She goes on to say that, if you cull too much and then admit you’re missing out on something (the example she uses I’ve never heard of—so I must have done too much culling) that’s “surrender.” But isn’t she really talking about paying an admission price to look at the empty spot where the Mona Lisa hung before Vincenzo stole it (by the way, in case you didn’t know, it was recovered, and Vincenzo spent a few months in jail). The point is that

Nihilism is of a noble lineage. . . Think of it as the philosophical unconscious of our race. At best, it is a penultimate form of lucidity, the emptiness intellect must traverse but spirit abhors. We are nihilistic thoughts that come into God’s head precisely because we introduce human reason into the ‘mind of God’. Reason is corrosive; it reduces the universe to rust; nothing withstands it– nothing except faith (3).

The emptiness intellect must traverse but spirit abhors.

I do not like this emptiness. My spirit certainly abhors it. But my poor intellect has no resources with which to traverse it. If Hassan is right and reason is corrosive, then I must not be any danger to the universe because I have so little reason. At least so few resources with which to traverse this emptiness.

But I keep trying to get through it. It’s my own emptiness. “It” is Nothing. Especially to anyone else. I don’t know even if it’s nihilism or apostasy or agnosticism or atheism or simply a large black hole. I keep trying to explain it to myself, and part of my explaining it to myself is—for reasons which seemed clear back on September 19, 2009 when I began this—writing here.

Quite a few people read what I write every day. I don’t know why. So I’ll let another do a chunk of the writing.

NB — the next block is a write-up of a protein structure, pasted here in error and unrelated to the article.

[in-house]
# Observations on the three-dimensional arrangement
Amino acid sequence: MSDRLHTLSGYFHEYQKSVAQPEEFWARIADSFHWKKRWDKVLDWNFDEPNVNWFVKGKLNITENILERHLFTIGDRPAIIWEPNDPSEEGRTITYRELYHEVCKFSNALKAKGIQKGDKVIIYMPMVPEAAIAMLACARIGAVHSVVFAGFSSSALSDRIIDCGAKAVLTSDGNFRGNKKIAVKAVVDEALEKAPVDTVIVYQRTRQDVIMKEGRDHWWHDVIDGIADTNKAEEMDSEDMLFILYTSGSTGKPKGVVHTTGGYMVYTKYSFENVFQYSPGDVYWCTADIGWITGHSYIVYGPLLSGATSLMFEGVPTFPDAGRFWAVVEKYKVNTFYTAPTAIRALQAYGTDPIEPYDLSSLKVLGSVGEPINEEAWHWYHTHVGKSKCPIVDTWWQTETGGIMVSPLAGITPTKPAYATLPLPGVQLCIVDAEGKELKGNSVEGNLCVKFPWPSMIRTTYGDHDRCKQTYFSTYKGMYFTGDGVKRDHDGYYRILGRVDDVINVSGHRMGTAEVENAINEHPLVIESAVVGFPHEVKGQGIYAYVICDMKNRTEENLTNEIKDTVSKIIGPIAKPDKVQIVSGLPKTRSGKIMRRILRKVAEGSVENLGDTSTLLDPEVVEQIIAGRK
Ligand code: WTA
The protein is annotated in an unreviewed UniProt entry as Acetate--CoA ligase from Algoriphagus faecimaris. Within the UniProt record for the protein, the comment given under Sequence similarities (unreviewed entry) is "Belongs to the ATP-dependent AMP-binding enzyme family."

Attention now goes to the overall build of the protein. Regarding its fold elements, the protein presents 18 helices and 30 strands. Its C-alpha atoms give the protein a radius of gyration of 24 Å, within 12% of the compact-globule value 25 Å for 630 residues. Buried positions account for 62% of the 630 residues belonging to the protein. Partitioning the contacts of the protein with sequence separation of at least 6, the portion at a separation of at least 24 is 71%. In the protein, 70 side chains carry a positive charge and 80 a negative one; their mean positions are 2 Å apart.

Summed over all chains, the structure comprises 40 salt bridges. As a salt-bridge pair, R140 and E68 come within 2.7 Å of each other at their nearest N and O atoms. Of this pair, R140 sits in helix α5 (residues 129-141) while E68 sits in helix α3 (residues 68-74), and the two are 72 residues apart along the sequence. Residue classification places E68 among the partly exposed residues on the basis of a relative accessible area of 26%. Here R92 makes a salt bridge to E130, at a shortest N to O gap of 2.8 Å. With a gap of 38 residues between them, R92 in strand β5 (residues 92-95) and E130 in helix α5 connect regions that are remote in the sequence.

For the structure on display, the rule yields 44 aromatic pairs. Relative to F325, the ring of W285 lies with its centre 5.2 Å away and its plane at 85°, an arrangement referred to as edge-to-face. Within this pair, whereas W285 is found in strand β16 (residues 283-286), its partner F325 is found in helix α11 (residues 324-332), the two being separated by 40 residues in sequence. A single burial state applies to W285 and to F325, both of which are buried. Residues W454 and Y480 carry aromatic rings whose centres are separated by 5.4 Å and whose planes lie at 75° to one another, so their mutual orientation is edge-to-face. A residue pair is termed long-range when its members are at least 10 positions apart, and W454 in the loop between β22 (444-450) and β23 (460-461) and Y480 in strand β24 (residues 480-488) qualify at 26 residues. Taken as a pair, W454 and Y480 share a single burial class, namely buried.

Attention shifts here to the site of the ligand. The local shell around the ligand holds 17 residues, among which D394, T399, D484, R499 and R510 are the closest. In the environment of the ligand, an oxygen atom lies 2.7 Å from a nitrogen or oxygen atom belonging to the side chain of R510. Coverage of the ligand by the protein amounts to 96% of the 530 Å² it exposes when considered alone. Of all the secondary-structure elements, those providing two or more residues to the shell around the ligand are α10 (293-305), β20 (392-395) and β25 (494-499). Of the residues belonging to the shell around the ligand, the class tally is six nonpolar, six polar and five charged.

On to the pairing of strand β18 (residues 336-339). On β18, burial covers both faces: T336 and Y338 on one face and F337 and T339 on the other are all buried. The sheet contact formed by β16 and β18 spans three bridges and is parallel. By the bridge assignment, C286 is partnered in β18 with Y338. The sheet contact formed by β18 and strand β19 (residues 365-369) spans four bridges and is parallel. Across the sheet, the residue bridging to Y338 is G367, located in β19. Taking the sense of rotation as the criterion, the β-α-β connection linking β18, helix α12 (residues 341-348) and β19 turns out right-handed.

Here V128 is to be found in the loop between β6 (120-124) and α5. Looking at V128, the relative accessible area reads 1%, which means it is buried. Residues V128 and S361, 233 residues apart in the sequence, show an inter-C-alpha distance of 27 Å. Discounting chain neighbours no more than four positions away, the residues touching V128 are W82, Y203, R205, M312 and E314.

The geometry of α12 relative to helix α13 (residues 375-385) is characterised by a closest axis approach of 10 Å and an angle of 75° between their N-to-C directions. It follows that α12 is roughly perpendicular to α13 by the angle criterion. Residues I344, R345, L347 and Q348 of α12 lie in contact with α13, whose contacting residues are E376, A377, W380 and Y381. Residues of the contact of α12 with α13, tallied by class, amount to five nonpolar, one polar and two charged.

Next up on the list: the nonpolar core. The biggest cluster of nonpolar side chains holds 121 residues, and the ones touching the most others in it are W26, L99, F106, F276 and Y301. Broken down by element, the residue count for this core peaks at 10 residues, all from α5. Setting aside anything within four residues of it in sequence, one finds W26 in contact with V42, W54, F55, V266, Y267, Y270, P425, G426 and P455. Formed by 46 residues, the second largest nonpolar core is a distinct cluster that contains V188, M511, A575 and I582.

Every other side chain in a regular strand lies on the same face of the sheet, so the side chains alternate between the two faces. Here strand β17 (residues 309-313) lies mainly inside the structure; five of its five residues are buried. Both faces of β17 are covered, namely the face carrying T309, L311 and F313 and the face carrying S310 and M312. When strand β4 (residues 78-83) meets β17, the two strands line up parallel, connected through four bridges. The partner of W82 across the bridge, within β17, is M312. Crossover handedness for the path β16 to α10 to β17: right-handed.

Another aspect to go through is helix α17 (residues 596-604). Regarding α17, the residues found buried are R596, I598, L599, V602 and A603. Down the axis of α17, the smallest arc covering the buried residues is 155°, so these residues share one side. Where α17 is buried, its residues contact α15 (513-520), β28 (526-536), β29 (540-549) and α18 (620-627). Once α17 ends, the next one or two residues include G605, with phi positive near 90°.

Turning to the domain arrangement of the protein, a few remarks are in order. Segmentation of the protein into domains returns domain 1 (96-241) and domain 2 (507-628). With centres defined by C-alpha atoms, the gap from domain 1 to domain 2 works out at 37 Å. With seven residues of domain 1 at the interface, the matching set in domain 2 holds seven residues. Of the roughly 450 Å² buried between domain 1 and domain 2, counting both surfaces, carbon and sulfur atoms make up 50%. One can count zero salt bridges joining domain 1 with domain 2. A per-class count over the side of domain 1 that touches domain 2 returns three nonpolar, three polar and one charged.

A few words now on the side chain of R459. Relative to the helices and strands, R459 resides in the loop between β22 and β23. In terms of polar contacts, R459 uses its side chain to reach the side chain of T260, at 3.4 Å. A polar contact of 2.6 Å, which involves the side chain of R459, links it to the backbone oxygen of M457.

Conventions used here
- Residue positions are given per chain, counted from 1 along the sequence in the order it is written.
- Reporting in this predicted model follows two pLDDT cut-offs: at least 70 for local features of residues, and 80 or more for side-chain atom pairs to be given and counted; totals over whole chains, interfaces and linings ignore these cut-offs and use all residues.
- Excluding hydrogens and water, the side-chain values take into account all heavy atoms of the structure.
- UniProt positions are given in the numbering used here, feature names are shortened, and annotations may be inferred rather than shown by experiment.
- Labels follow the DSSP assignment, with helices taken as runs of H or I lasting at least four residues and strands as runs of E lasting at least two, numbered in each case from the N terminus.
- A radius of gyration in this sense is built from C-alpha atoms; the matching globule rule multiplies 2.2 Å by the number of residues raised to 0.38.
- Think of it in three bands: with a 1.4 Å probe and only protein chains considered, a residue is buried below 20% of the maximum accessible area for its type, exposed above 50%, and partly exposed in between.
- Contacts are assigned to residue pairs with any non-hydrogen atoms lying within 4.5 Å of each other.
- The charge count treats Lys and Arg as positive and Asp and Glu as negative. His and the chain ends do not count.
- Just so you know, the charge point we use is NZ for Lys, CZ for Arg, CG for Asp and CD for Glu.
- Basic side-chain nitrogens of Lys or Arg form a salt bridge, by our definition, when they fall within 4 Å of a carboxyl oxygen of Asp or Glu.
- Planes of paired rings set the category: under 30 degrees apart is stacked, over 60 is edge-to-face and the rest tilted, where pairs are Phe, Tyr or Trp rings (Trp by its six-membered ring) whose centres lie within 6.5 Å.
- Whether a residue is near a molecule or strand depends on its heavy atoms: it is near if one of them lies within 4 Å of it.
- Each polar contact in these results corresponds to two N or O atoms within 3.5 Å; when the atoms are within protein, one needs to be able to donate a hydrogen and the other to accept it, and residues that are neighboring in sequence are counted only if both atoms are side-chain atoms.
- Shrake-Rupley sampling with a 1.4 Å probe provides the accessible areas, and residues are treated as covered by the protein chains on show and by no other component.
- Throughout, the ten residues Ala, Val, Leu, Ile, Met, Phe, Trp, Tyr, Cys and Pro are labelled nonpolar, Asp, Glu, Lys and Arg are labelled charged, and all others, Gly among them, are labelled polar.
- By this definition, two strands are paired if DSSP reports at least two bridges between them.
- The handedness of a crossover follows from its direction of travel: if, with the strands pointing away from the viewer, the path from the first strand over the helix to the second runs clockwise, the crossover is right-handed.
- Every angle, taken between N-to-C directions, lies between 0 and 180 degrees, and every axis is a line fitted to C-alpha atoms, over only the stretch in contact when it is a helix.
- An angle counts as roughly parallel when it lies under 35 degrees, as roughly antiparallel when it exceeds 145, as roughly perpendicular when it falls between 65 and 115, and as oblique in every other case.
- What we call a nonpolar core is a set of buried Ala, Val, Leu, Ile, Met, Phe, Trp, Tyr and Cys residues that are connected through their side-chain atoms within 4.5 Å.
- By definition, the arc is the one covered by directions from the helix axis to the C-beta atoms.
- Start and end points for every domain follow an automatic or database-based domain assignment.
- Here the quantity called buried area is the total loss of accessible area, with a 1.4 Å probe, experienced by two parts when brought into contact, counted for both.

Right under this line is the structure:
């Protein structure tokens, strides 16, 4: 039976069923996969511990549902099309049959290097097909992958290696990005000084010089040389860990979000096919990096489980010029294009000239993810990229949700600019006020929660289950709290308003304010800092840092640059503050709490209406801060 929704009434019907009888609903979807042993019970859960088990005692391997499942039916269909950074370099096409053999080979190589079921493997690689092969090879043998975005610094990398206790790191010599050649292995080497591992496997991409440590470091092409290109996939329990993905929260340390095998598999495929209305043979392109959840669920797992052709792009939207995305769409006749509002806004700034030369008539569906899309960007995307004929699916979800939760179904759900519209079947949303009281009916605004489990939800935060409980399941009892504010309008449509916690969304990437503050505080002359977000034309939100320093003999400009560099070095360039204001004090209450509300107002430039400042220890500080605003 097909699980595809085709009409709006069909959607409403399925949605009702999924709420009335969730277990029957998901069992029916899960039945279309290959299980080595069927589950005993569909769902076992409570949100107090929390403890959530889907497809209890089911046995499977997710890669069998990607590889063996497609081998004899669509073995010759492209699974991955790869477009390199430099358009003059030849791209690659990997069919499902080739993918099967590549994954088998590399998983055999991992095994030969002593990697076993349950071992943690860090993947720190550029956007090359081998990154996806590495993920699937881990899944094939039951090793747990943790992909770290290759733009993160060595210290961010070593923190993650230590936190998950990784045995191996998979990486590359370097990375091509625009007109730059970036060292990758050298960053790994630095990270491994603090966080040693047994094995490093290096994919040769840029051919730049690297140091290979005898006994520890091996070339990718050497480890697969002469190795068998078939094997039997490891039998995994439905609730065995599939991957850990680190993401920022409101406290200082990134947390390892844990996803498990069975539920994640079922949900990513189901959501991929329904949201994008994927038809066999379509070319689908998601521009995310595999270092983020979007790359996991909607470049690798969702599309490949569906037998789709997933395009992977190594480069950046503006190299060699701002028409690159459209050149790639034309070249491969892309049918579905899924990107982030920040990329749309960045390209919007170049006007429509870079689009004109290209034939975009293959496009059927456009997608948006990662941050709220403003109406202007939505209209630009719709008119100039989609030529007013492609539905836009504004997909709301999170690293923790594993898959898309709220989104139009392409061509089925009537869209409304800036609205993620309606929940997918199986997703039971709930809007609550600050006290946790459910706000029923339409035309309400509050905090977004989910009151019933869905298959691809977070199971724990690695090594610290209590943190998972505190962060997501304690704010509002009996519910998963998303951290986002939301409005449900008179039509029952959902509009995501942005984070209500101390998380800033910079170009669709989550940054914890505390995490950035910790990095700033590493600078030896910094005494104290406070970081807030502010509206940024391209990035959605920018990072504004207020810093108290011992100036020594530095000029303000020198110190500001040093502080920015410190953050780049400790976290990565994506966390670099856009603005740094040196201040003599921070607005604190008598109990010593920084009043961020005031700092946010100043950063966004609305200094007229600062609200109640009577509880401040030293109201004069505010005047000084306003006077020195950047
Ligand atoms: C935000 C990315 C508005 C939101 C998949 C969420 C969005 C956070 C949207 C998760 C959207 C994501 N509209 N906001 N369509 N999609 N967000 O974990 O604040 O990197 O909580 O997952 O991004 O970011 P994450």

Now, the most basic duty of those who have human language is to use it, and to use it not just to get by, but to let one’s experience be, to let it have its shine in the sun. The texture of the world depends on us speaking it. And . . .  it is precisely those experiences not already fixed in cliché, that most need saying. . . . it remains the duty of all who gather communally around whatever campfires there are in today’s digital world. Heidegger himself would probably be suspicious of the avid blogger and find in her a tendency to idle talk, but there is something about her determination to leave nothing unsaid that he could not fail to cherish. So, I argue, we have a duty to words, a call to language. Any recourse to ineffability is an evasion of that call, a ploy to escape our distinctive task of wording the experiences that move us. The world and its things, the language which brings them to presence, the community which both creates language and is nourished by it, are all owed more. Nothing is ineffable (4).

I so much want to believe that. But my soul isn’t experiencing this opaque night that way. It is Nothing. Nothing is ineffable. If I could write my way out of that conundrum, the awareness of what I’m missing would be less painful. Because what I am missing is Something.
(1) Holmes, Linda. The Sad, Beautiful Fact That We’re All Going To Miss Almost Everything.” NPR. April 18, 2011.
(2) Hassan, Iban.  “The Authority of the Void: A Kenotic Meditation in Five Parts.” Third Text 19.1 (January, 2005): 1–13.
(3) Hassan, Ibid.
(4) Conlon, James. “Against Ineffability.” Forum Philosophicum: International Journal for Philosophy 15.2 (2010): 381-400.